1. First, I divided the Book of Mormon into twenty-one sequential ten-chapter sections, starting with the first chapter of Mosiah. I excluded Book of Mormon chapters that parallel chapters in the King James Bible. I also excluded from my final analysis a twenty-second section consisting of only five leftover chapters (Jac. 7, Enos 1, Jar. 1, Omni 1, and Words 1). This section was an outlier, probably because the text sample was too small.
2. Second, I generated a list of all the articles, conjunctions, pronouns, and prepositions that are found in all twenty-one of my ten-chapter sections. In the literature on stylometry these words are sometimes referred to as “non-contextual” words. Bruce Schaalje prefers to call them “low content” words, because they aren’t really non-contextual. The theory is that by studying texts’ usage of such low-content words, we may be able to detect their authors’ distinctive patterns of speech or thought with relatively little interference from other variables such as subject matter or genre.
3. Next, I computed what we might call the “stylistic distances” between each ten-chapter section and each individual chapter of the Book of Mormon. Basically, these “distances” were a measure of how differently the words from Step 2 are used in each pair of texts. More specifically, I used a measure known as “Delta.” Delta is an averaged and normalized measure of differences in word-frequencies between two texts.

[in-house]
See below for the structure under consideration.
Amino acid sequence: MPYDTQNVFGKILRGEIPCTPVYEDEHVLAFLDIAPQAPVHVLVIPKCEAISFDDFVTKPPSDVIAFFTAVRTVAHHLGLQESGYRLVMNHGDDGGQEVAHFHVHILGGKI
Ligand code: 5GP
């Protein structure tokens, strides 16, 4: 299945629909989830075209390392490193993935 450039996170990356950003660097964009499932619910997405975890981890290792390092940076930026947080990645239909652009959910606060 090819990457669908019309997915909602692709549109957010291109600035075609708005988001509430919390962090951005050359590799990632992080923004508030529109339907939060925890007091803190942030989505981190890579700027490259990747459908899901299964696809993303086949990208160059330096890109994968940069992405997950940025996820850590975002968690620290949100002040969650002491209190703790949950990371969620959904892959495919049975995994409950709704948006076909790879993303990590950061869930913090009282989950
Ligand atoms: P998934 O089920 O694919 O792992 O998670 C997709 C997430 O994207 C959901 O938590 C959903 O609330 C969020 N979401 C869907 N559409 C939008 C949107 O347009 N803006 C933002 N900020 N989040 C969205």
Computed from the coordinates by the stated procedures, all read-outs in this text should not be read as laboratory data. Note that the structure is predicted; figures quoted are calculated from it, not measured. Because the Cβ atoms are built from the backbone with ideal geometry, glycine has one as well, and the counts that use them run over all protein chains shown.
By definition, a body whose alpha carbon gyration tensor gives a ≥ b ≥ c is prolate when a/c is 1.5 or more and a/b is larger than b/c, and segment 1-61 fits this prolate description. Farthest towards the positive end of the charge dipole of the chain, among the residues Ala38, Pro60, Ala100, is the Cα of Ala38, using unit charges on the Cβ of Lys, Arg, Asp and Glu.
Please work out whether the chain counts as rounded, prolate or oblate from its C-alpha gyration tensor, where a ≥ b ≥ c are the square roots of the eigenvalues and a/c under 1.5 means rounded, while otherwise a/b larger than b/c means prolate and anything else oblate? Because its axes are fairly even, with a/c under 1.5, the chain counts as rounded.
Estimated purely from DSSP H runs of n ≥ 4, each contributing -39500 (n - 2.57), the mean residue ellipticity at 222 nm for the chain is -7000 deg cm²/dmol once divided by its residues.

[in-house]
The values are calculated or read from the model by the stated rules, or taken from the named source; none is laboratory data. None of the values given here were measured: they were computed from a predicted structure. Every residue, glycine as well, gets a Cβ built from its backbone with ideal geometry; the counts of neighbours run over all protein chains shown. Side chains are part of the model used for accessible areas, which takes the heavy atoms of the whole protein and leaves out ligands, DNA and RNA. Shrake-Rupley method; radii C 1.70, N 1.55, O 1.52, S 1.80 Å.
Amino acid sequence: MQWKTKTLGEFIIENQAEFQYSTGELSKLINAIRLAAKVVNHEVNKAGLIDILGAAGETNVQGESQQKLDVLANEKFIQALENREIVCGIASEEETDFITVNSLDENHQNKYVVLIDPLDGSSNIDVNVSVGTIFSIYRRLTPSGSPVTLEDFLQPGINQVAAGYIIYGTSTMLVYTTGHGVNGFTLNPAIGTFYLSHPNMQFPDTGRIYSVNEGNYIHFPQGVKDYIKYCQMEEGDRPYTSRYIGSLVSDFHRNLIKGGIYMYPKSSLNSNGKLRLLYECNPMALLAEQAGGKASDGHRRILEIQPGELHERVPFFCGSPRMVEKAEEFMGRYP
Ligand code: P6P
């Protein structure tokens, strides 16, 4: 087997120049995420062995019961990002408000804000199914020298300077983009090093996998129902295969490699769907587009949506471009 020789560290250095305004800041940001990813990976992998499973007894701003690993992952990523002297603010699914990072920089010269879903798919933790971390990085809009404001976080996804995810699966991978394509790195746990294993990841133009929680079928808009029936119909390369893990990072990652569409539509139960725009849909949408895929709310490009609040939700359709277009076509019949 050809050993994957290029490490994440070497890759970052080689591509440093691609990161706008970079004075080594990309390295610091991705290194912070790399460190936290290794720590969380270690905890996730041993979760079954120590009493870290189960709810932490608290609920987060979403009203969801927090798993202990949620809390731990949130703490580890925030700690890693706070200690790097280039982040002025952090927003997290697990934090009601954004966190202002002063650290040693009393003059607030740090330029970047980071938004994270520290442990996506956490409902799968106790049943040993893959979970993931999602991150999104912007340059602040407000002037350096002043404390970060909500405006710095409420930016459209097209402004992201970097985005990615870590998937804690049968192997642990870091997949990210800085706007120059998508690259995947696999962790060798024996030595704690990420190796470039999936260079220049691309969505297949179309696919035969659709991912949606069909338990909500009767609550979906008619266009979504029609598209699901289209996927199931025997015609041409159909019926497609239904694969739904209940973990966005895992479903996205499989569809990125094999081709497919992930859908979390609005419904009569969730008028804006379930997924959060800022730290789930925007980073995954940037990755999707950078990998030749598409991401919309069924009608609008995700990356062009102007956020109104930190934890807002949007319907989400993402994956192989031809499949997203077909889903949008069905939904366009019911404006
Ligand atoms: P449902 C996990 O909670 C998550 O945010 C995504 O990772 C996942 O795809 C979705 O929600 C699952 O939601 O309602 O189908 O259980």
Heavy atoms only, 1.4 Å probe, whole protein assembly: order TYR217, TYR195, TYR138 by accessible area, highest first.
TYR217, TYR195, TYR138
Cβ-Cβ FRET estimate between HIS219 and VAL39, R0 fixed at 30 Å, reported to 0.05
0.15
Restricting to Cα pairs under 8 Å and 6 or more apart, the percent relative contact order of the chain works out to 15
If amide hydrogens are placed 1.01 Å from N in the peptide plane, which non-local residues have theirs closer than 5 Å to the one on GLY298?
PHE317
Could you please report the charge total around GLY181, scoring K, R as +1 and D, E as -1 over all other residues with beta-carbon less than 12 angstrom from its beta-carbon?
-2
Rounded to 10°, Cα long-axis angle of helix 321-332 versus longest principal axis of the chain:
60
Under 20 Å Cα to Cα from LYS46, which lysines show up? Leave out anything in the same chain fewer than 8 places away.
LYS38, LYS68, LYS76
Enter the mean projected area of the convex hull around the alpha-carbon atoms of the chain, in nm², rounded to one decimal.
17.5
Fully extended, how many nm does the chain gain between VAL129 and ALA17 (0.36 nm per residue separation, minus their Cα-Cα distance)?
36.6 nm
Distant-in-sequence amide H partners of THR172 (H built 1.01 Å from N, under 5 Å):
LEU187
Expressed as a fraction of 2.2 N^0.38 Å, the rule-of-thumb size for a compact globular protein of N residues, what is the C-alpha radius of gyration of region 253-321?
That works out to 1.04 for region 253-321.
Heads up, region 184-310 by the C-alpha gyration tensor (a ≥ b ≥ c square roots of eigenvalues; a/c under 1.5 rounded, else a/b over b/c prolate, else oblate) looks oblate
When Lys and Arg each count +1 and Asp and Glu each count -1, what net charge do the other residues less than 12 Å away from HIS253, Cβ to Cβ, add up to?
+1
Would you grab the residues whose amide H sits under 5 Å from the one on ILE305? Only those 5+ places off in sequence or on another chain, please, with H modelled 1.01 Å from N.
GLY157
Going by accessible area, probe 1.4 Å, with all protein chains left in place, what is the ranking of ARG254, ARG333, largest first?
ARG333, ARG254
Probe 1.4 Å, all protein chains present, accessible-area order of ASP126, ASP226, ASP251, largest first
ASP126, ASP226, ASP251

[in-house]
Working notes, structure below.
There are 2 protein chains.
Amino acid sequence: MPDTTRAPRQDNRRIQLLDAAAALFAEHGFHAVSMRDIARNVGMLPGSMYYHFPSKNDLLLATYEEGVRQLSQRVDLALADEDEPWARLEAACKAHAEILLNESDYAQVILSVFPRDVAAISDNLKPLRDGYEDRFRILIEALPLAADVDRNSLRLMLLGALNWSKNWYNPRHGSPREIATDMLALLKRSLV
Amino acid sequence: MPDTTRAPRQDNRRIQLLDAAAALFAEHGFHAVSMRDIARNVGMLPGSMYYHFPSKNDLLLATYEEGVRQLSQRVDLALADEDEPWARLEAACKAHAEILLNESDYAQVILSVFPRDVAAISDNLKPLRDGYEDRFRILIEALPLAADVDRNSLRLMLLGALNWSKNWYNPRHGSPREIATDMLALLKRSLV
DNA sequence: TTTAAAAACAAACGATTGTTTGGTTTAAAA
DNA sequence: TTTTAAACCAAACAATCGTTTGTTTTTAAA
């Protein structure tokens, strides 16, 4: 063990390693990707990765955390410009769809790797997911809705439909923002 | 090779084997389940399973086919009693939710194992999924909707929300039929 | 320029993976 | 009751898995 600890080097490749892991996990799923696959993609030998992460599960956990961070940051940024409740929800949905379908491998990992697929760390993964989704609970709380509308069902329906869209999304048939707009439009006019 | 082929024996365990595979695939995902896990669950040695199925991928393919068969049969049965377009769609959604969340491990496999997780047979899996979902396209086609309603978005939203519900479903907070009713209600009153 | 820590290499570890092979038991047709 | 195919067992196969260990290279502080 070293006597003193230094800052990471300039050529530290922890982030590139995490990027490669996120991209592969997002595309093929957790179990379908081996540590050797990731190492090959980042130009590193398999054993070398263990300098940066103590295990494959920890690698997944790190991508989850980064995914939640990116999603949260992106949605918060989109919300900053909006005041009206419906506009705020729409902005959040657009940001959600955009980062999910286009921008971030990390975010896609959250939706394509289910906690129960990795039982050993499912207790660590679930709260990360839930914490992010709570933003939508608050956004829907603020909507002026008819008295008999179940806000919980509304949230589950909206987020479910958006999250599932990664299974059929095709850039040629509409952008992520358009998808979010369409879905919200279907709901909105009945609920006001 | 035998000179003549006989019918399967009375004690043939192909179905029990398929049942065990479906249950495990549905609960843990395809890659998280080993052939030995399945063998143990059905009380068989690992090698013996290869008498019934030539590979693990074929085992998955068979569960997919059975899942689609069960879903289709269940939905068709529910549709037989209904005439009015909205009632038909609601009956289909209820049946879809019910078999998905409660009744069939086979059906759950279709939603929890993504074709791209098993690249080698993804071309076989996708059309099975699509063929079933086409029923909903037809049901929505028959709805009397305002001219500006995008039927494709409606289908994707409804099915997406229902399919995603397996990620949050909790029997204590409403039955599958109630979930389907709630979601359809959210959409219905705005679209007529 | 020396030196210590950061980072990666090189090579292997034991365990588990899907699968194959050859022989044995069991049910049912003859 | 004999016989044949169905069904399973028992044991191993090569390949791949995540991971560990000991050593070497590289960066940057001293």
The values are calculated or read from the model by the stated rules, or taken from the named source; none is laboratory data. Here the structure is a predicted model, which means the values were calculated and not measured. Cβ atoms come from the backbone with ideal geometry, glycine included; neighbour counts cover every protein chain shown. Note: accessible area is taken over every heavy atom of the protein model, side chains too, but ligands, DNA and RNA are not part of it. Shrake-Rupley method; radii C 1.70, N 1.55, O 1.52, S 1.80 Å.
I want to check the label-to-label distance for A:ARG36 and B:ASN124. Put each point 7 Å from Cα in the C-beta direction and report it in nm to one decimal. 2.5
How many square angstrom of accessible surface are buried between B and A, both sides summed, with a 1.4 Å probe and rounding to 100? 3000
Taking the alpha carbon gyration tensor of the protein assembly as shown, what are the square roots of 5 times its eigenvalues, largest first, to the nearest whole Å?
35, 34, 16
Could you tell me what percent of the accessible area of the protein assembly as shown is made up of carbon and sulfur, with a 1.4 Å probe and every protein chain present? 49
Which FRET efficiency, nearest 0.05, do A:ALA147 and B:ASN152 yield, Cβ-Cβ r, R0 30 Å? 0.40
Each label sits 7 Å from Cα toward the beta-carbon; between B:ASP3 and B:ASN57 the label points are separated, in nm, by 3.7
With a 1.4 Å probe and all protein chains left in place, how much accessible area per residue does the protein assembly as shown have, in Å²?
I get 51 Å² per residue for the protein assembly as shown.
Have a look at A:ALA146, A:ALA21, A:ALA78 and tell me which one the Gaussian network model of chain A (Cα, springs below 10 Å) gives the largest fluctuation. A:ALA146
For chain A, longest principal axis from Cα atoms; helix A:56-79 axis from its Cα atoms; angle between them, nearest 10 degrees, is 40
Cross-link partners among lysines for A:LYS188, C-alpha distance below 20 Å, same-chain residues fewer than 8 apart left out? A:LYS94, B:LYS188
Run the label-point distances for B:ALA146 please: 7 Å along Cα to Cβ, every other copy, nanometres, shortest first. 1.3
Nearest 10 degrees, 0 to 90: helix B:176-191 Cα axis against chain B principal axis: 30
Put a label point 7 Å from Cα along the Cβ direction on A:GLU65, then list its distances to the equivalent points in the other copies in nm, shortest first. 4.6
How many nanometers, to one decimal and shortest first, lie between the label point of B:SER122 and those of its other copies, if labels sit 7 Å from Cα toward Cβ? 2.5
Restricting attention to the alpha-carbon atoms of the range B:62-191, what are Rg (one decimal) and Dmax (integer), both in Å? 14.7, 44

4. I now had a spreadsheet with 21 columns (representing the 21 ten-chapter sections) and 215 rows (representing the 215 individual Book of Mormon chapters). I then found the regression slope of each column. Crudely put, these regression slopes represent each ten-chapter section’s relative similarity to the first- and last-dictated chapters of the Book of Mormon. A higher slope indicates a greater stylistic similarity to the first-dictated half of the Book of Mormon, while a lower slope indicates a greater stylistic similarity to the last-dictated half of the Book of Mormon.
5. I plotted these regression slopes as y-values on the graph above, then generated a polynomial trendline. If the Book of Mormon’s style changed monotonically during the course of dictation, the resulting trendline should be a nearly straight line with a negative slope. As you can see, this prediction is mostly borne out in my results.
 To download my data, click here. I performed two control tests, one on the Book of Mormon arranged according to 1 Nephi-priority, and another on the King James Bible. Neither test produced a pattern consistent with monotonic stylistic evolution, though the KJV chart is actually pretty interesting in its own right, exhibiting text clusters that likely reflect the influence of both genre and different translation committees. Follow the hyperlinks to see the charts.
 In the regression analysis for each column, I excluded the rows corresponding to chapters that are part of that column’s corresponding ten-chapter section. This was to avoid a sort of “false positive” effect. Delta distances between a ten-chapter set and the chapters comprising the set would tend to be smaller than delta distances to other chapters, potentially resulting in a linear, downward sloping plot even in the absence of style evolution by the author. I’m grateful to Bruce Schaalje for bringing this problem and its solution to my attention.